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date: 21 January 2019

Abstract and Keywords

Two crucial epistemological issues that preoccupied Newman were the conditions under which Christian belief can be considered rational and the intellectual contours of forming a connected view. His approach homes in on the informal and cumulative nature of reasoning, the role of personal judgement in assessing evidence, and the broadening of one’s intellectual horizons. This chapter also draws attention to an important epistemological question about how the illative sense, as a kind of personal judgement, provides the relevant means to adjudicate one’s own judgement in the midst of other illations. It concludes with three areas that deserve further epistemological attention and development: the role of commitment in forming rational beliefs, the social dimension of the illative sense, and the place of Newman in the modern story of epistemology.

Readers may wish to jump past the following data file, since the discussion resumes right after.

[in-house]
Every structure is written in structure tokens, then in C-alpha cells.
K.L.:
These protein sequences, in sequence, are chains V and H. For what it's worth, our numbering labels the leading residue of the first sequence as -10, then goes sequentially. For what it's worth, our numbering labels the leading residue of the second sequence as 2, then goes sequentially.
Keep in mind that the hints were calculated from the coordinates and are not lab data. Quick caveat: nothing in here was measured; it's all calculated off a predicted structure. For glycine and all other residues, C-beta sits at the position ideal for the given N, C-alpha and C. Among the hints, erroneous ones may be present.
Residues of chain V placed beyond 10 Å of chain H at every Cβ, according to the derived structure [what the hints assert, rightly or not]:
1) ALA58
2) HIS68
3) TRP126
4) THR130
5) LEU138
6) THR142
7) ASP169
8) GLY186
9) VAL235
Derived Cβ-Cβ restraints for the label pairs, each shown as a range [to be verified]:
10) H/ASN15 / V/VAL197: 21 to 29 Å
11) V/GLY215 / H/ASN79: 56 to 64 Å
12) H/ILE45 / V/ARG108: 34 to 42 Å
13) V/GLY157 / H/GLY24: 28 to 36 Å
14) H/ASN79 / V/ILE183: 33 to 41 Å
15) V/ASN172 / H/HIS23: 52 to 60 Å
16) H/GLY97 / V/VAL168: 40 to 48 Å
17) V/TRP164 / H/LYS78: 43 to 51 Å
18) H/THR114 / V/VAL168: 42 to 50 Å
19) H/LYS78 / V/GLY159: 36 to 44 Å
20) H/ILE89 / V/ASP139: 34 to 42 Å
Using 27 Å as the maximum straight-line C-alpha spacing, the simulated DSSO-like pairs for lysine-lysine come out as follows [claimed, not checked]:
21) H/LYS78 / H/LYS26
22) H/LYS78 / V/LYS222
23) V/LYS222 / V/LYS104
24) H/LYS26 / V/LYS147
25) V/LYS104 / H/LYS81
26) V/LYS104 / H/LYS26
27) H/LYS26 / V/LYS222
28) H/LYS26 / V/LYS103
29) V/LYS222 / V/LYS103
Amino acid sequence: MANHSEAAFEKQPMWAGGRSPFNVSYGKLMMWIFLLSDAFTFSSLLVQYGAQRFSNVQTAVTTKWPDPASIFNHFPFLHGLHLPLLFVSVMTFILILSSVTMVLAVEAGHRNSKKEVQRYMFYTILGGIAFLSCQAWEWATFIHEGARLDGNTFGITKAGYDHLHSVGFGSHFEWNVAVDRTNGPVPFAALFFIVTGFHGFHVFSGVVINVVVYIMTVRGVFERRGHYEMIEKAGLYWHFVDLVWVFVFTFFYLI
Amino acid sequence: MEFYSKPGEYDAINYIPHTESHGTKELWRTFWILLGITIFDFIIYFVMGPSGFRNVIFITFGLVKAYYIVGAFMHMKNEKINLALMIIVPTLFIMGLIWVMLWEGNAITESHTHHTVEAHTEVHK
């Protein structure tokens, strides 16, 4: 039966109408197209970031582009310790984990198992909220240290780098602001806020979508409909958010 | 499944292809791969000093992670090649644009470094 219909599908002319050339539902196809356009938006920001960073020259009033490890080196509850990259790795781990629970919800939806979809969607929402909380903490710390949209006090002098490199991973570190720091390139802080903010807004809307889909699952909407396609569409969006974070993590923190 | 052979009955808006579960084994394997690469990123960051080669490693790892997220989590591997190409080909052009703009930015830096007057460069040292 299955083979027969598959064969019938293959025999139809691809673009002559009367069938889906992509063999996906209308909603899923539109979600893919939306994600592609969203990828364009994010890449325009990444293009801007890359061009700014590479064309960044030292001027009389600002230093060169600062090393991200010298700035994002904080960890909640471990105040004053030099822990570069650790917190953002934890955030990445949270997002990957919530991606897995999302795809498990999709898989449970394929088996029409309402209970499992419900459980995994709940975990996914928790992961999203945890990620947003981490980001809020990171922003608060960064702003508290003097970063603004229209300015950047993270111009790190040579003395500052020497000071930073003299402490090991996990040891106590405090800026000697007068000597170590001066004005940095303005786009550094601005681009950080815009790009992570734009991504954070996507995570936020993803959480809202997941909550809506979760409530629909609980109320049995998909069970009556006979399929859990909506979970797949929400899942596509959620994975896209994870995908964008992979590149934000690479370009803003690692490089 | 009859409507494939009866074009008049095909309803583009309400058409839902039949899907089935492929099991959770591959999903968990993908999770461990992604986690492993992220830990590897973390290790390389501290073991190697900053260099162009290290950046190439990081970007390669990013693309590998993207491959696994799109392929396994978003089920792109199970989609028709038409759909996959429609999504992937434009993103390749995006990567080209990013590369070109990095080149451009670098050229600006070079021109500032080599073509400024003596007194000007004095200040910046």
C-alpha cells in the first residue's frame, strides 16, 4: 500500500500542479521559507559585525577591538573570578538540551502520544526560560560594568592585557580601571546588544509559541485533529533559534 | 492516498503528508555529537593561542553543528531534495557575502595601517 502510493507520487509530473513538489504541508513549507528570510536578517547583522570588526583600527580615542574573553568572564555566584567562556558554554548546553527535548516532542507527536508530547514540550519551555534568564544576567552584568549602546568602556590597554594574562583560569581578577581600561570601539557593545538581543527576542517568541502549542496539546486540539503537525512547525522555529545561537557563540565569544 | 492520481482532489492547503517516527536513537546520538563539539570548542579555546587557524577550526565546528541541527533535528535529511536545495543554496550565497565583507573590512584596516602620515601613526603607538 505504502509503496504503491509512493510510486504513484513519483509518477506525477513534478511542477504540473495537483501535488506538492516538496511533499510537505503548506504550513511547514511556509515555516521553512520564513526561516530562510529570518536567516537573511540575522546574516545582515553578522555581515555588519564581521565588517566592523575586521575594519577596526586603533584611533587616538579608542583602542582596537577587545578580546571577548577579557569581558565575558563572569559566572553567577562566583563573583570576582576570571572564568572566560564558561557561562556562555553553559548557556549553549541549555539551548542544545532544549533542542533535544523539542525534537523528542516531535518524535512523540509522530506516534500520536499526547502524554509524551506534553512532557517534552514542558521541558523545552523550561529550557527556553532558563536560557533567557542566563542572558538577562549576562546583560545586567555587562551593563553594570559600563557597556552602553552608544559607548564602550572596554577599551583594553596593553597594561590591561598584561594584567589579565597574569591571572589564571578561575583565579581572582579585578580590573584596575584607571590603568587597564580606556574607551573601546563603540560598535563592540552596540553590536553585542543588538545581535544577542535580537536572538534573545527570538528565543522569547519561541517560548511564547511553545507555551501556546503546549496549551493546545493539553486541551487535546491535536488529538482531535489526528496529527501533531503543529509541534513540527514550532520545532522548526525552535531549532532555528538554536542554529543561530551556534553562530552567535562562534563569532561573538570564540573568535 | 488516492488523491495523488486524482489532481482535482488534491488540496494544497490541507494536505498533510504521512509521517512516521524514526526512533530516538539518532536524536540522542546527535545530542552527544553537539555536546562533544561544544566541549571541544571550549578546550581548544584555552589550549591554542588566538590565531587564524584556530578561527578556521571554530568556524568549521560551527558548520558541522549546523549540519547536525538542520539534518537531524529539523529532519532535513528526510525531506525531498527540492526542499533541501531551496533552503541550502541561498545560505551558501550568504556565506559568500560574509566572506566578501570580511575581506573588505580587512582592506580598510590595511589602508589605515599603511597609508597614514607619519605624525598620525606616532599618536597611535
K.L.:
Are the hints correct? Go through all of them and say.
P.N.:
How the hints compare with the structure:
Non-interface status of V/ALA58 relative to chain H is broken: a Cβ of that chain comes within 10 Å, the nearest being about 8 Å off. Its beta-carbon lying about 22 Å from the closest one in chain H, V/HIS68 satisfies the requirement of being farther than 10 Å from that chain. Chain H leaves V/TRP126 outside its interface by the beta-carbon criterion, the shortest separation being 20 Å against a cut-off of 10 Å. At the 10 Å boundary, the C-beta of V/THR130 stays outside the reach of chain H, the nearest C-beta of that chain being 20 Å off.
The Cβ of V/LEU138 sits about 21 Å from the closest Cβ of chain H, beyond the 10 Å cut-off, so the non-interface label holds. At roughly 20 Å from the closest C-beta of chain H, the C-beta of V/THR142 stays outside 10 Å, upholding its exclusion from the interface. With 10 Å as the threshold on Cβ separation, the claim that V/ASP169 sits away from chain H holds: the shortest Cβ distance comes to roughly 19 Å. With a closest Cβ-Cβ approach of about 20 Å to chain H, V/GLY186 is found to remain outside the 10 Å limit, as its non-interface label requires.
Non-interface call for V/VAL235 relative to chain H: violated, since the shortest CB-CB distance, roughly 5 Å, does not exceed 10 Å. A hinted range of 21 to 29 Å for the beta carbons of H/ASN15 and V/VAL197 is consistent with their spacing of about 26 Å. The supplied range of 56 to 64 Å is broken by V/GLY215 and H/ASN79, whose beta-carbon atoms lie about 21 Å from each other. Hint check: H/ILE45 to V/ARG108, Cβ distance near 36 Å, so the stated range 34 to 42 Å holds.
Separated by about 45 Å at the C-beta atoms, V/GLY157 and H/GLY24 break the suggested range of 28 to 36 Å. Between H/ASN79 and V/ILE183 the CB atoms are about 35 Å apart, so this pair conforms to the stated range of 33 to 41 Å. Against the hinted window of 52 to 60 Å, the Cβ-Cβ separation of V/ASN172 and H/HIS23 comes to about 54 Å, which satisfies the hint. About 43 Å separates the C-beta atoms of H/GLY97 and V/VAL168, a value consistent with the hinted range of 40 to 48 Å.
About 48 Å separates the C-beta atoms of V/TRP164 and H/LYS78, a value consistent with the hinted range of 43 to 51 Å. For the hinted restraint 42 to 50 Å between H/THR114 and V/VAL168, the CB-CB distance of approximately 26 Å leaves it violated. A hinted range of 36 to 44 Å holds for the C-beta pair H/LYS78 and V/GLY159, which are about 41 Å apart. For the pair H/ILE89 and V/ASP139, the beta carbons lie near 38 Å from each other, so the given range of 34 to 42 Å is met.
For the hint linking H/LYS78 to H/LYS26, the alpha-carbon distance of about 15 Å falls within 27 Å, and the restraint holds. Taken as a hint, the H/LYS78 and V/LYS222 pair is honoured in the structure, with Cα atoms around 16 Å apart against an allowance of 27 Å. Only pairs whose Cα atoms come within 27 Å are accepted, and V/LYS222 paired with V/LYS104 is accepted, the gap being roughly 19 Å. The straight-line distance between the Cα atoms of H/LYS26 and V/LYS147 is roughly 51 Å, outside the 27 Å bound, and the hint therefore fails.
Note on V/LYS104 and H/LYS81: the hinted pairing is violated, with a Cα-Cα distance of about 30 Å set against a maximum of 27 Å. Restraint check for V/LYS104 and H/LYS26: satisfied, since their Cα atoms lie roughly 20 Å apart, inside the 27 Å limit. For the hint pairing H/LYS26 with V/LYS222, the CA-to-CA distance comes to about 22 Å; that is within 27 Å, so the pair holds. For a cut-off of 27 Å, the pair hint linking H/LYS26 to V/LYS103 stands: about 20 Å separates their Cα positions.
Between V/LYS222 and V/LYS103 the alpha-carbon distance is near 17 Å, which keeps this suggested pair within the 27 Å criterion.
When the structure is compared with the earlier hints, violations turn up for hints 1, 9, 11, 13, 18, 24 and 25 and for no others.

Keywords: faith and reason, illative sense, wisdom, evidence and judgement, informal reasoning, problem of adjudication, epistemology, commitment

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